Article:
Fears are growing that Pramface favourite Primark could be the latest High Street stalwart forced to go into administration under the metaphorical and literal weight of clothes that chubster lockdowners have been returning to stores. The embodiment of a ‘non-essential’ store, since Primark reopened approximately twice the recorded population of Britain have been fighting to get their swollen arses into the array of nasty viscose fuchsia leopard-print flammability on offer.
Whey-faced ‘associate’ Jen Samson said: ‘We were only just keeping up with demand- thank goodness those Indian six-year-olds have an inspiring work ethic. But in the last couple of weeks, it’s all turned fat arse about jowly face: herds of lumbering, sack-dragging wildebeest, bellowing that we’ve changed our size labelling and demanding refunds to their Perfect Home Ultraloan cards.’
‘Of course nothing’s changed about our clothes,’ she added. ‘With our demographic, one thing you can be confident about a Primark garment is the bloody generous sizing. Our size 10 equates to a 24 in Next, and a ‘The fire brigade are on the way to crane you out of the store’ klaxon in Zara.’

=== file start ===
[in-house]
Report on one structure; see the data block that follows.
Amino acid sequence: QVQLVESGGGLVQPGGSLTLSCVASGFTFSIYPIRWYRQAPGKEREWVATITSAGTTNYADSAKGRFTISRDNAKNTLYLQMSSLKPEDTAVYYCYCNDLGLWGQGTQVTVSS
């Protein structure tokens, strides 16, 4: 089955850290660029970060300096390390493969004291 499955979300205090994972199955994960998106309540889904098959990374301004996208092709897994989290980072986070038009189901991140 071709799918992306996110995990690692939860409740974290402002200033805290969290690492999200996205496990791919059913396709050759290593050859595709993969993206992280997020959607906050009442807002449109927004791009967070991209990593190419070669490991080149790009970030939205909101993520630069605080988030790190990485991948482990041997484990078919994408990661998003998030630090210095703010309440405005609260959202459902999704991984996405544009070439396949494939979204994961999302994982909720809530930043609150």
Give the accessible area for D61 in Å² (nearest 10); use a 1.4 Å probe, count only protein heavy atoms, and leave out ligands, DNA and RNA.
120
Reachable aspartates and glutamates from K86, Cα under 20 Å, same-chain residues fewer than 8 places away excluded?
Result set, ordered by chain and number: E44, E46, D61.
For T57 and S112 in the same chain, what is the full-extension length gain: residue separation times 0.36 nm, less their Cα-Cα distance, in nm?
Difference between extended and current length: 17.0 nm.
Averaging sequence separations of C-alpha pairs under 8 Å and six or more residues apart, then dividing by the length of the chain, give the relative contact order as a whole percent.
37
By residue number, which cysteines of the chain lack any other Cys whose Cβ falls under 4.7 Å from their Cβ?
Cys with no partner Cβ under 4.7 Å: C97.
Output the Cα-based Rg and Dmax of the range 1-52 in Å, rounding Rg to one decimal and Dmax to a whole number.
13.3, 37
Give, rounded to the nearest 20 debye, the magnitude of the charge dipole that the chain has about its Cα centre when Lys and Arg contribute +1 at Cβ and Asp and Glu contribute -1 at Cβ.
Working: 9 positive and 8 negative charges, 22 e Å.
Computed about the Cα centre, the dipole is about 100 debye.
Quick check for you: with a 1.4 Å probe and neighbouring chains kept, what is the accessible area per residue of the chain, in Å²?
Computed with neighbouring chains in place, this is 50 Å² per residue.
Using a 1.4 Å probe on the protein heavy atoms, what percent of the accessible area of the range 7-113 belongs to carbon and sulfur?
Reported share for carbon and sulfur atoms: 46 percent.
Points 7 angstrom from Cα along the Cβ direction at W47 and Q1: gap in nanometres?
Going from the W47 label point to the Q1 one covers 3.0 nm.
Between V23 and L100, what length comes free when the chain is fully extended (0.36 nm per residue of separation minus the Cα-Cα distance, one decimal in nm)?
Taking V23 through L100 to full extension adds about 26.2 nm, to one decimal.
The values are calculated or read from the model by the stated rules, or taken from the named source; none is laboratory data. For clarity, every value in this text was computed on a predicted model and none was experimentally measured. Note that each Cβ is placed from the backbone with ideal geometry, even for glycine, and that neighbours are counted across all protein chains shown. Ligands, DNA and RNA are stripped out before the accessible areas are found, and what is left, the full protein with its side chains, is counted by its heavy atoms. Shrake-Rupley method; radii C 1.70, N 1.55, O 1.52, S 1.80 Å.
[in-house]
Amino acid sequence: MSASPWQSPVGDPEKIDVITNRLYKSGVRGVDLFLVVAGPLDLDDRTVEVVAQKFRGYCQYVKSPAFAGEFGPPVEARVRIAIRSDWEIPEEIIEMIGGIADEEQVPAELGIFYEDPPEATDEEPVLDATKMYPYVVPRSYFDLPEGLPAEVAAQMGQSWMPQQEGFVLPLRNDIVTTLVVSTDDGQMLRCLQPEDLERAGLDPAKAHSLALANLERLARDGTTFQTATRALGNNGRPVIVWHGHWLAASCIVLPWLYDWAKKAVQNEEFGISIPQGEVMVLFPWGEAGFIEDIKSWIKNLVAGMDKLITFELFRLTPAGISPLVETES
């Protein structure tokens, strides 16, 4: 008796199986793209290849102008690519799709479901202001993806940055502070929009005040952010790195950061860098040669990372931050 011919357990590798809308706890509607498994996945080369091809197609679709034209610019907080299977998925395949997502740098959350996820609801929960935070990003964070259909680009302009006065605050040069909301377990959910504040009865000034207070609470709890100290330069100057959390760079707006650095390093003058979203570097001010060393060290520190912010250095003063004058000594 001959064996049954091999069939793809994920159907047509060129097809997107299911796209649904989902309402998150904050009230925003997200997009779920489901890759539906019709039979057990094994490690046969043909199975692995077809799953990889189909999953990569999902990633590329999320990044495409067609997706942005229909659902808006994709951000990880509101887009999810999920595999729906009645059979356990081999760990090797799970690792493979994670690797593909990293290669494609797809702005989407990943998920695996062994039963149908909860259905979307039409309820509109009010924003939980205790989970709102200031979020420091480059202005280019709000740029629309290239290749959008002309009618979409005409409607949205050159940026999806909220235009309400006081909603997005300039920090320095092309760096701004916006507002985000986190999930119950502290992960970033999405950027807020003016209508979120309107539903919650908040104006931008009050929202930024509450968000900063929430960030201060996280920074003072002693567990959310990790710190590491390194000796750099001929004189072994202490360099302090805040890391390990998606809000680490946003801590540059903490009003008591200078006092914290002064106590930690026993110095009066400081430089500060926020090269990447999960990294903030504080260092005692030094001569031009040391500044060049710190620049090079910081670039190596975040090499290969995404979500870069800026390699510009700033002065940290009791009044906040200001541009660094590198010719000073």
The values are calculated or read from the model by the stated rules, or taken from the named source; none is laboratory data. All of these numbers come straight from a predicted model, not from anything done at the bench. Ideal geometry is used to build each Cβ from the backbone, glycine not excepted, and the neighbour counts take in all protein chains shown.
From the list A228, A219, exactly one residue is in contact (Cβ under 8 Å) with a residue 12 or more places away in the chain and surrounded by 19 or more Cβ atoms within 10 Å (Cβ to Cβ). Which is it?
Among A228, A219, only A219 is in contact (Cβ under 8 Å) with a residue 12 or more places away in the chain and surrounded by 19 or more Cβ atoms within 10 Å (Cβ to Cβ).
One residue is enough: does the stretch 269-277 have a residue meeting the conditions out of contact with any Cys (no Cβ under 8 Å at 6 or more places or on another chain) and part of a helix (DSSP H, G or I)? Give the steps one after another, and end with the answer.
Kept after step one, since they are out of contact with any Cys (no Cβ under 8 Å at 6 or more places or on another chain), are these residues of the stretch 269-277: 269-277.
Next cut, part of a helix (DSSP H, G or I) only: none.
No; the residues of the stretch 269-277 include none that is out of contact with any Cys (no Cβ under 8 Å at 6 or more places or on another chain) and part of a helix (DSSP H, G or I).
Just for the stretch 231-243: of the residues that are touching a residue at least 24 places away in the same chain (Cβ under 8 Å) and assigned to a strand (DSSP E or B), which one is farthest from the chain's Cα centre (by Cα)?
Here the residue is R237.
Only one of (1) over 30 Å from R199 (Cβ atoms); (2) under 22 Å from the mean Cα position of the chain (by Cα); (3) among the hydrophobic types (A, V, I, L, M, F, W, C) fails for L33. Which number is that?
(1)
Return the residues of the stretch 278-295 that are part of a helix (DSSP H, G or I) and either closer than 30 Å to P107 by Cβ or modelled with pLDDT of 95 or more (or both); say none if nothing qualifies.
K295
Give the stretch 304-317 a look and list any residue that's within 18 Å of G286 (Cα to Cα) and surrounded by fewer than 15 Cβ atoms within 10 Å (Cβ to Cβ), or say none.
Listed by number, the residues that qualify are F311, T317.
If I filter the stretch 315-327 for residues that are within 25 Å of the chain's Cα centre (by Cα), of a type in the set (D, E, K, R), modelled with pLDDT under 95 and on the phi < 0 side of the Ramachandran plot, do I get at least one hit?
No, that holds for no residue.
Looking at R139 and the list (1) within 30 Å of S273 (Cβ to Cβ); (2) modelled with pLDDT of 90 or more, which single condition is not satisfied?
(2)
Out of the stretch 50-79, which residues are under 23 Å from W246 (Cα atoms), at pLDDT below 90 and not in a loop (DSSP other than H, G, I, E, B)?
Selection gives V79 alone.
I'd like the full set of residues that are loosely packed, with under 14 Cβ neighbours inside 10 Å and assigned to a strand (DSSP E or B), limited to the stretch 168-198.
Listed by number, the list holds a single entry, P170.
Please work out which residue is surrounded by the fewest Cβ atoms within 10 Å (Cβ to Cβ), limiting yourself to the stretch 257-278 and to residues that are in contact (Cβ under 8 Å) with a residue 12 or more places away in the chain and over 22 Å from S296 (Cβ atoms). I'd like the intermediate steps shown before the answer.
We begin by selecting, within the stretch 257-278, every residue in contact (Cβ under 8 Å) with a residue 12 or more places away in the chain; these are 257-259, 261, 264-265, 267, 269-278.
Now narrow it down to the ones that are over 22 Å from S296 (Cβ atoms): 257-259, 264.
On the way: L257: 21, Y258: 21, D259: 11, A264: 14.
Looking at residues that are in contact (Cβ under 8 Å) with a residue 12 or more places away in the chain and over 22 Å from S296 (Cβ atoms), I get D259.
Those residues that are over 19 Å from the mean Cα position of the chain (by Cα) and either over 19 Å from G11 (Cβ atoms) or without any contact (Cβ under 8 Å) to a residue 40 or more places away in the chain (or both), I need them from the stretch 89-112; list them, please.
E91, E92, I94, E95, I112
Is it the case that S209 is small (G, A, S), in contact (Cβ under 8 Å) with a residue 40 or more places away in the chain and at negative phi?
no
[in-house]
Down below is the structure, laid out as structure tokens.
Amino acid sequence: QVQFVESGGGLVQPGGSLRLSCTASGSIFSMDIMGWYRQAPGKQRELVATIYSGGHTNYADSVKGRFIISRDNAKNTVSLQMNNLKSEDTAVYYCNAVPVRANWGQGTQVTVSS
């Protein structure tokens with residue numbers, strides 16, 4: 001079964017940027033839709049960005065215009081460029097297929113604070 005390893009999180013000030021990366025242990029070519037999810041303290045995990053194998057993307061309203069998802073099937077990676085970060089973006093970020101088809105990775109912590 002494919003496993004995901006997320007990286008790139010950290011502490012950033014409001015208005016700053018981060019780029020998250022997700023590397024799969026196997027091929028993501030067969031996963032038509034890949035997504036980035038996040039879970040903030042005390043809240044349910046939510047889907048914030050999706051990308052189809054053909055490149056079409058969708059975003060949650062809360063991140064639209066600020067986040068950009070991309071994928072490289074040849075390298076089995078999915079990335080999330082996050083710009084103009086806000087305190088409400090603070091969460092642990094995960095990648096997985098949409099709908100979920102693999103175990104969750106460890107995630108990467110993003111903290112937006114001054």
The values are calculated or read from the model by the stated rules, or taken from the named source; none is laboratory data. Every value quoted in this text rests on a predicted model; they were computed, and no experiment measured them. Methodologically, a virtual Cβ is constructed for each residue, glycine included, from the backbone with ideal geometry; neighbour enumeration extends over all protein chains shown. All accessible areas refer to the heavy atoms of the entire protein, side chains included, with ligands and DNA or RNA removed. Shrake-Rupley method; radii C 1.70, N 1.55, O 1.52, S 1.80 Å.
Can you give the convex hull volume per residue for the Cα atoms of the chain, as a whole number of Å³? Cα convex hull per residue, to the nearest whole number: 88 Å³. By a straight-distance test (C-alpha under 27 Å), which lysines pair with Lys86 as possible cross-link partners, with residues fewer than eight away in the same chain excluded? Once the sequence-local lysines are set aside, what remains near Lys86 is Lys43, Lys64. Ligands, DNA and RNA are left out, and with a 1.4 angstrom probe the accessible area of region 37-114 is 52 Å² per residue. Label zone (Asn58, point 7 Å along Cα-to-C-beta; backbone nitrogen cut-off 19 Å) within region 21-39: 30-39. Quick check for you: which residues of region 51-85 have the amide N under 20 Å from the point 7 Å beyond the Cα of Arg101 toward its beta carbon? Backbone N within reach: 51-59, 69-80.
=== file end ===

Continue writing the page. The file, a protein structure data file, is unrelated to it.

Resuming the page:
‘It was terrifying: enraged customers insisting they’d not piled on an ounce of lockdown blubber through a tsunami of Findus Crispy Pancake spittle. You’ve not felt the clammy clutch of suffocating death until you’ve hinted to a thirty-year-old mother of eight brandishing a KFC party bucket that just maybe she’s larded up like a veal calf facing Bastille Day.’
Even though most returns had tell-tale burst zips and ripped seams, staff were legally obliged to issue refunds, as most Primark garments that have never been taken out of the bag look like that anyway. With stores sinking under the weight of sweat-stained bum-enhancer leggings, a lifeline has been thrown by Sports Direct professional sulker Mike Ashley, who has absolutely no plans for the chain, but can’t see a flailing High Street competitor without chowing down like a complacent shark on a 17-stone surfer.